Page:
1. Visiting from the US? Why not try DIYnot.US instead? Click here to continue to DIYnot.US.
    Dismiss Notice

rigid kitchens vs flatpack -marketing hype or genuine point?

Discussion in 'Wood / Woodwork / Carpentry' started by cjard, 17 Feb 2015.

  1. cjard

    cjard

    Joined:
    6 Sep 2008
    Messages:
    2,334
    Thanks Received:
    250
    Country:
    United Kingdom
    So the guys who supply rigid crow about it and the flat packers don't really say anything.. Gets me wondering:

    These rigid cabinets must have been a flatpack once, some nugget in the factory assembles it and then some overworked delivery driver in a rush slams it in the back of his van and hurtles across country lanes with it - is it really better in the end?

    I've a feeling that the rigid stuff will end up potentially far more wobbly by the time it gets to site, depending on how it's been treated, if it truly is flatpack-assembled-by-someone-else..

    ..so is there something I'm missing? Are rigid kitchens glued n screwed together differently? or is this a marketing con?
     
  2. foxhole

    foxhole

    Joined:
    14 Mar 2006
    Messages:
    14,187
    Thanks Received:
    1,531
    Location:
    Kent
    Country:
    United Kingdom
    Depends where you buy, had quality pre-assembled Shreiber units which were doweled and glued, just removing after 20 years of good service.Bought some recently from Benchmarxs and they were basic flat pack that had be pre-assembled [presumably by a 16 years old on work experience judging by the poor quality.]
    With flat pack you can always improve on the assembly adding glue or extra support to give a better quality result.
     
  3. JobAndKnock

    JobAndKnock

    Joined:
    30 Sep 2011
    Messages:
    3,405
    Thanks Received:
    662
    Location:
    Lancashire
    Country:
    United Kingdom
    Is it really better? Yes. Or rather it should be when done properly. The difference is that flat pack comes with a limited number of KD fasteners and a few dowels and is assembled by using a screwdriver - a good quality rigid is assembled using dowels on something like 64mm or 96mm centres and is glued together AND SHOULD BE SQUARED UP (they aren't always - Howdens are you listening?). Note no, or very few, screws. It is therefore stronger and more rigid than any flat pack could ever be without interventions. Some of the cheaper rigids are put together using glue and carcass screws - not as strong as dowelled and glued, but almost, and in any case still stronger and more ridgid than flat packs. This is the technique often favoured for shop and bar fittings which are one off and have to be manufactured at speed.

    As to transporting stuff around, if a trip in a lorry destroyed furniture so readily there would be no factory assembled furniture in the shops at all, would there? The main reason for flat pack is actually to reduce shipping costs by maximising value carried per lorry load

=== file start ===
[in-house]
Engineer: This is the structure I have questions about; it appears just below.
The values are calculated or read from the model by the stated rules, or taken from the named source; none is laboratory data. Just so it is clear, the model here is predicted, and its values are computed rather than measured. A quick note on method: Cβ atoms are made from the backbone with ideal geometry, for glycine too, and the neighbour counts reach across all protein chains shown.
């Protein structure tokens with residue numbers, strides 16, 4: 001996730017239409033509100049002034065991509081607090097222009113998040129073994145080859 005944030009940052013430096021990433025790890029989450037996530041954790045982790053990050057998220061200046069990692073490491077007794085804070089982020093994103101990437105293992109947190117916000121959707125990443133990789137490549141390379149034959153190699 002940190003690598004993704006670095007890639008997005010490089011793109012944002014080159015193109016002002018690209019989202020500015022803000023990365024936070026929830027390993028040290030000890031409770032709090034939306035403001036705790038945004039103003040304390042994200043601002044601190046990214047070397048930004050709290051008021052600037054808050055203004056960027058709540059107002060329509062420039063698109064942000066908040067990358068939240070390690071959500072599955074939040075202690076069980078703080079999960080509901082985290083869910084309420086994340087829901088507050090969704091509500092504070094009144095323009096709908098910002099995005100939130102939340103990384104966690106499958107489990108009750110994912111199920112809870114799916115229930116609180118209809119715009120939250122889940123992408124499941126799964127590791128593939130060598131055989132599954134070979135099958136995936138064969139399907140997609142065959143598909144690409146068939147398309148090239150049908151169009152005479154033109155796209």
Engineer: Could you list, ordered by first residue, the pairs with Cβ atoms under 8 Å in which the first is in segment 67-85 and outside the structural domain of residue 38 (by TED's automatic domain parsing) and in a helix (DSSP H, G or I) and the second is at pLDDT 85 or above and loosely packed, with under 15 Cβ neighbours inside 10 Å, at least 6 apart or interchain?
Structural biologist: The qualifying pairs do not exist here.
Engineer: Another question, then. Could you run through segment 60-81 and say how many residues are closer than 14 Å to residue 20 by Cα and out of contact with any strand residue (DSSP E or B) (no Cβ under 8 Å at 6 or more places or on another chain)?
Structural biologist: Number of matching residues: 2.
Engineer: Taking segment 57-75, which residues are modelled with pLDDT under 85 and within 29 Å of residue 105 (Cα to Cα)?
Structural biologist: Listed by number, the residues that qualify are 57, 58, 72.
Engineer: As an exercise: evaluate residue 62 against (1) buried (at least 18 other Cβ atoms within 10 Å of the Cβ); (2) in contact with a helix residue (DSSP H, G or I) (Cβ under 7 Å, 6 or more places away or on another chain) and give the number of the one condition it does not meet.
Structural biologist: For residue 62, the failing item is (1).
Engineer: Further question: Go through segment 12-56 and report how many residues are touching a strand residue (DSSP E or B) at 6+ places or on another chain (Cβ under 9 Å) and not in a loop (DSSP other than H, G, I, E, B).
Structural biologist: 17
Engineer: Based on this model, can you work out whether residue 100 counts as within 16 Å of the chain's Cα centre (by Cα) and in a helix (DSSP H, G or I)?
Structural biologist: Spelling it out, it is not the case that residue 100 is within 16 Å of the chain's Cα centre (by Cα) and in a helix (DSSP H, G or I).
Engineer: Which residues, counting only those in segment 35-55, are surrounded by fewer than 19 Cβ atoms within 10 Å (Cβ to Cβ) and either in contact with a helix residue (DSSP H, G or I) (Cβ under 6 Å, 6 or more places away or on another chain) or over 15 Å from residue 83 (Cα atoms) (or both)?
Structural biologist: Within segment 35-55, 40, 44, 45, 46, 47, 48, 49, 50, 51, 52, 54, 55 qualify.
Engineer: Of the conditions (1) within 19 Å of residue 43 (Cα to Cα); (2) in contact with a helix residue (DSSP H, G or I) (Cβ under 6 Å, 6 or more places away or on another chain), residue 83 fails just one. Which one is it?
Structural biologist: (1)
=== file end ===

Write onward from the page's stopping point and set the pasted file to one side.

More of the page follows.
That's not been my experience. See comments above

    When I've done my own kitchens from flat pack in the past I've generally glued the dowels, cramped the carcasses square and left the glue to go off whilst I work on the next carcass (I use 30 minute glue). I've also added extra screws, brackets, battens, braces, etc as and where I've seen fit. That way I get a stronger and more ridgid kitchen carcass at flat-pack prices plus a bit of sweat equity
     
  4. cjard

    cjard

    Joined:
    6 Sep 2008
    Messages:
    2,334
    Thanks Received:
    250
    Country:
    United Kingdom
    What do you normally charge for fitting a 20 unit+sweat equity kitchen? :)
     
  5. JobAndKnock

    JobAndKnock

    Joined:
    30 Sep 2011
    Messages:
    3,405
    Thanks Received:
    662
    Location:
    Lancashire
    Country:
    United Kingdom
    I wouldn't even begin to quote on a job based on number of units because there are all sorts of other factors to take into consideration, e.g. layout, access, pipework, electrics, tiling/upstands/backsplashes, worktops and joints, type of sink, how good/bad/indifferent the walls are, etc, etc. saying so much a unit is pretty meaningless to me. All I can say is that if I have to glue, screw and strengthen units it tends to put 15 to 20 minutes per unit onto my time - you can spend more time than that re-plumbing and moving wairin/gas pipes in a bad one.
     
  6. foxhole

    foxhole

    Joined:
    14 Mar 2006
    Messages:
    14,187
    Thanks Received:
    1,531
    Location:
    Kent
    Country:
    United Kingdom
    A kitchen is more than just units, kitchen company's often have a set fee for each unit , say it's £20, that's for every cup'd unit, every socket installed or moved, every tap, sink, etc. etc. Soon adds up.
     
  7. Nige F

    Nige F

    Joined:
    28 Jun 2005
    Messages:
    19,912
    Thanks Received:
    1,459
    Country:
    United Kingdom
    Soon adds up - indeed ! . £11k for a nice one from wickes . So I bought some new cupboards and changed a few bits . £1100 from wickes. DIY rules
     
  8. DIYnot Local

    DIYnot Local

    Joined:
    3 Sep 2019
    Country:
    United Kingdom

    If you need to find a tradesperson to get your job done, please try our local search below, or if you are doing it yourself you can find suppliers local to you.

    Select the supplier or trade you require, enter your location to begin your search.


    Are you a trade or supplier? You can create your listing free at DIYnot Local

     
Loading...

Share This Page